Science and culture
Research, sports, beekeeping and music. Norway and Slovenia share a wide array of interests, and today the King and Queen and the Slovenian President, Borut Pahor, gained insight into several of them.
Their Majesties The King and Queen and His Excellency President Borut Pahor began today’s programme with a networking seminar at the SINTEF research group’s facilities in Oslo Science Park, where Norwegian-Slovenian cooperation has already produced positive results.
Representatives of SINTEF and Slovenia’s Jožef Stefan Institute welcomed the official delegations and presented ongoing research on artificial intelligence and sustainable green technologies.
The King and Queen during their visit to SINTEF. Photo: Sven Gj. Gjeruldsen, the Royal Court
Inside the exhibition area, the King and Queen and President Pahor were able to take a closer look at cutting edge technology from Norway and Slovenia. One of the products available for viewing was a Zivid 3D camera, described as the world’s most accurate, real-time 3D camera, which enables robots to discern distance, shape and colour in much the way a human does. Its potential applications in industry are numerous, and Zivid received the Research Council of Norway’s Innovation Award in 2018.
The guests also oversaw the signing of a new agreement that further strengthens collaboration between SINTEF and the Jožef Stefan Institute.
Slovenia and Norway share a passion for ski jumping. Events at Planica – the big ski flying hill in Slovenia – are eagerly watched by many Norwegians. This morning, the King and Queen and President Pahor visited the Holmenkollen ski jump, where for many years great Slovenian jumpers such as Peter Prevc, Robert Kranjec and Jurij Tepeš have added to the excitement.
Queen Sonja and President Pahor admire the view from Holmenkollen. Photo: Sara Svanemyr, the Royal Court
Today, an exhibition on Slovenian alpine architecture opened at the Ski Museum. There was also an opportunity to view the Ski Museum’s exhibition on polar expeditions – and the Royal Family’s connection to Holmenkollen.
Waiting at the top of the jump tower was the ski jumper Bjørn Einar Romøren, who has been down the hill in Oslo many times. He is also well-acquainted with Planica, where in 2005 he jumped an incredible 239 metres, setting a world record.
The guests had an experienced guide in Bjørn Einar Romøren in Holmenkollen. Photo: Sara Svanemyr, the Royal Court
After the visit to Holmenkollen, the Government hosted an official luncheon in the Government’s representational complex.
Bees at BI
World food production is dependent on bees and other pollinating insects, and it is essential to accommodate these busy helpers. Slovenia has a robust beekeeping tradition, and when the United Nations declared 20 May “World Bee Day” it was at Slovenia’s initiative.
This afternoon, President Pahor, King Harald and Crown Prince Haakon attended a seminar on bees and pollination at BI Norwegian Business School. The guests heard interesting presentations on such topics as Norway’s National Pollinator Strategy, the importance of green infrastructure and the role of literature in addressing the environmental crisis.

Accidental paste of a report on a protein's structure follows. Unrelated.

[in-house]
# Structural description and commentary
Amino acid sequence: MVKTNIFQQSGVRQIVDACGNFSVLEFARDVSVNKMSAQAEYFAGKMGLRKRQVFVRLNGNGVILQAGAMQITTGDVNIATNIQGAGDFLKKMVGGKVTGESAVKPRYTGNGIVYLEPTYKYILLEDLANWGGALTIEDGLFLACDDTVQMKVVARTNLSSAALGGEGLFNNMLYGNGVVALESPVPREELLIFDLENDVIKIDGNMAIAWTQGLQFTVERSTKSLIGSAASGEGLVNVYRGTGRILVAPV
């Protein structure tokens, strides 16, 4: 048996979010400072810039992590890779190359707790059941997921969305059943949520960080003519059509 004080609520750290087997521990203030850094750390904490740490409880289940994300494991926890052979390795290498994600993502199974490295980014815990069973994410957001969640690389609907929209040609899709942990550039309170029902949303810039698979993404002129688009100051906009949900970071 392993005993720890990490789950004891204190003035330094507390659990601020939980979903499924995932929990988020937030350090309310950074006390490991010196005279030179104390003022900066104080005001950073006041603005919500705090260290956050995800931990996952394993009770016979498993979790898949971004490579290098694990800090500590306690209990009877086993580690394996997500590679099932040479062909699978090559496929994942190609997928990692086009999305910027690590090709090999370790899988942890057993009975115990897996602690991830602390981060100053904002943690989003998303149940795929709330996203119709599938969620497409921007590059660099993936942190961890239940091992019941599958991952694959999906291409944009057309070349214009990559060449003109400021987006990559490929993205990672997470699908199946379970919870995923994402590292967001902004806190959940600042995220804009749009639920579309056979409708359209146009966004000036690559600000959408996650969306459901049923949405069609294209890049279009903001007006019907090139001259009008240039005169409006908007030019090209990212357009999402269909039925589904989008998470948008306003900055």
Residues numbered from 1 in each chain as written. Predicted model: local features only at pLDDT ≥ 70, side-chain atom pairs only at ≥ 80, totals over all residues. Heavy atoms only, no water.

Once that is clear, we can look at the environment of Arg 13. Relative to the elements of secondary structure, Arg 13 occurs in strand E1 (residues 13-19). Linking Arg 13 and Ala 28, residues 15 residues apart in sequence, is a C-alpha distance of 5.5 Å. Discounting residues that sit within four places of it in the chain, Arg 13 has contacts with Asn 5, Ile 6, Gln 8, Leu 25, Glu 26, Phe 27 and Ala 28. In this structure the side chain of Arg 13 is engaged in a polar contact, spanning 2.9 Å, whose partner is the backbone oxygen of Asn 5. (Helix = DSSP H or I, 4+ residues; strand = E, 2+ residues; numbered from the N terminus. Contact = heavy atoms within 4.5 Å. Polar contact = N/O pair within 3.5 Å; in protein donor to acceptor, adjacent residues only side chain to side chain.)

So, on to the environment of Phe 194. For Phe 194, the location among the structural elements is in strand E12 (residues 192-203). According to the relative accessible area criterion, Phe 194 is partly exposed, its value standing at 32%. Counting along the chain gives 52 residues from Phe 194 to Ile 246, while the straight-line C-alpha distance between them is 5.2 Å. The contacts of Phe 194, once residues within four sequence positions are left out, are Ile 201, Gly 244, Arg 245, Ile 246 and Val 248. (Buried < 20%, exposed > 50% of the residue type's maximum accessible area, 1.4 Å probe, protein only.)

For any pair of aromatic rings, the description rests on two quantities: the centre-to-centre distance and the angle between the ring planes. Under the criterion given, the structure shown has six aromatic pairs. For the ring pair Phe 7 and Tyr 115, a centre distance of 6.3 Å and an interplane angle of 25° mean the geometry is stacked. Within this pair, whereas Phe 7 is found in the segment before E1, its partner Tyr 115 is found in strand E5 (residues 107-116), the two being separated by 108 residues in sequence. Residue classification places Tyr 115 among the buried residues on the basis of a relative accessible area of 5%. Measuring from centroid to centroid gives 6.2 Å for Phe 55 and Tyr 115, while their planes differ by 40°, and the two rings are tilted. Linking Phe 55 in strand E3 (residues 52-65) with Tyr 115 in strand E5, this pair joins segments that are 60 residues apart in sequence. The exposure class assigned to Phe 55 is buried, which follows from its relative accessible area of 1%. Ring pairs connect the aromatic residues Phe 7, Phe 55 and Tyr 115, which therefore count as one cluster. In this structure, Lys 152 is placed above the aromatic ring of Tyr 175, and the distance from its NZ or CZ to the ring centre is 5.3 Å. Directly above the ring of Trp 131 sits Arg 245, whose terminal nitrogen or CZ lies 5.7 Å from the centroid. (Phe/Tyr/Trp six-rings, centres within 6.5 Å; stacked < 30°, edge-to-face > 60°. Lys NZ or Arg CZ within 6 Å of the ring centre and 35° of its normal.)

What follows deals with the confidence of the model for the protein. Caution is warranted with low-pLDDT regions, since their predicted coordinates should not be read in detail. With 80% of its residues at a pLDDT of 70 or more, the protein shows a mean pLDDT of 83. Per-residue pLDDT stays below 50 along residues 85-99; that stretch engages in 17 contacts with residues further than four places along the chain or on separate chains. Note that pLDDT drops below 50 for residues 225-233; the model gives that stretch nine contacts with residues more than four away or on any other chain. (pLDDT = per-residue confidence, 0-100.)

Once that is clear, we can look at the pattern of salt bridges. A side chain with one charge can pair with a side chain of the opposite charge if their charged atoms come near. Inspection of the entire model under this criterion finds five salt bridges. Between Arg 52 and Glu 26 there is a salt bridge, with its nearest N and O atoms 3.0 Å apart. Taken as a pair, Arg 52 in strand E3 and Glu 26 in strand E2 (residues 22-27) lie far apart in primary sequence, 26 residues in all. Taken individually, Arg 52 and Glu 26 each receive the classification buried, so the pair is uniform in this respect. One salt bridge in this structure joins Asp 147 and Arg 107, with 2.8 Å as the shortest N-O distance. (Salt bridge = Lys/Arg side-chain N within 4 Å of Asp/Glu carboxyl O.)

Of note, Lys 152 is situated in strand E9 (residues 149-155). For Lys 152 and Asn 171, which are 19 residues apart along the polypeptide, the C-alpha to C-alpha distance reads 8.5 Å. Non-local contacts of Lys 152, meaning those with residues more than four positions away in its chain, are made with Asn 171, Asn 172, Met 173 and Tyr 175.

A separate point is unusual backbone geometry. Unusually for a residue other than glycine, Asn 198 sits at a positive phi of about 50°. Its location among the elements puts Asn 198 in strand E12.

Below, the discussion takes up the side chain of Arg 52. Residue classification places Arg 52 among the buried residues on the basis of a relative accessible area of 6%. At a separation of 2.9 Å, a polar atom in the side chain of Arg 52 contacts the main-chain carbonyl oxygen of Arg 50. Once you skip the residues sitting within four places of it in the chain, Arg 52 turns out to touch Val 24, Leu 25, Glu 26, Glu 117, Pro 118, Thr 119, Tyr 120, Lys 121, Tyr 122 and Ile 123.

President Pahor presented the King and Queen with a gift from Slovenia: a traditional Slovenian beehive structure with room for several hives. The structure is based on the design of Anton Žnidaršič, a major pioneer of beekeeping.
Crown Prince Haakon, President Pahor and King Harald in front of the Slovenian apiary. Photo: Sven Gj. Gjeruldsen, the Royal Court
The apiary will be positioned on a roof at BI Norwegian Business School in collaboration with Oslo’s urban beekeeping association, ByBi.
Jazz concert at Gamle Logen
The State Visit concludes tonight at Gamle Logen, where the President of Slovenia is hosting a Slovenian-Norwegian jazz concert. The Žan Tetičkovič ensemble is to perform, with Eivind Opsvik sitting in on double bass.
Following the concert, King Harald, Queen Sonja and Crown Prince Haakon will be have the opportunity to taste a variety of Slovenian traditional foods.
Facts about the Republic of Slovenia
Capital city: Ljubljana
Largest cities: Ljubljana, Maribor and Celje
Total area: 20 273 km²
Population in 2018: Slightly more than 2 million
Official language: Slovenian, as well as Italian and Hungarian which are spoken in some municipalities along the borders.
Form of government: Republic
Head of State in 2019: President Borut Pahor
Head of State in 2011: President Danilo Türk
Slovenia and Norway established diplomatic relations in 1992, and ties between the two countries are very good. Their Majesties King Harald and Queen Sonja visited Slovenia in May 2011. This was the first State Visit from Norway to Slovenia. Former President Milan Kučan paid a visit to Norway in 1997, when he was granted an audience with King Harald.
Source: Norwegian Ministry of Foreign Affairs.
State visit from Slovenia
Today Their Majesties The King and Queen welcomed the President of the Republic of Slovenia, His Excellency Mr Borut Pahor, to Norway. This is the first State Visit to Norway of a Slovenian President and King Harald and Queen Sonja are his hosts.
Celebrating peace in the north
“Today we remember all those who contributed to the liberation of East Finnmark,” His Majesty The King said today. Seventy-five years have passed since the residents of Norway’s far north were able to welcome their Soviet liberators.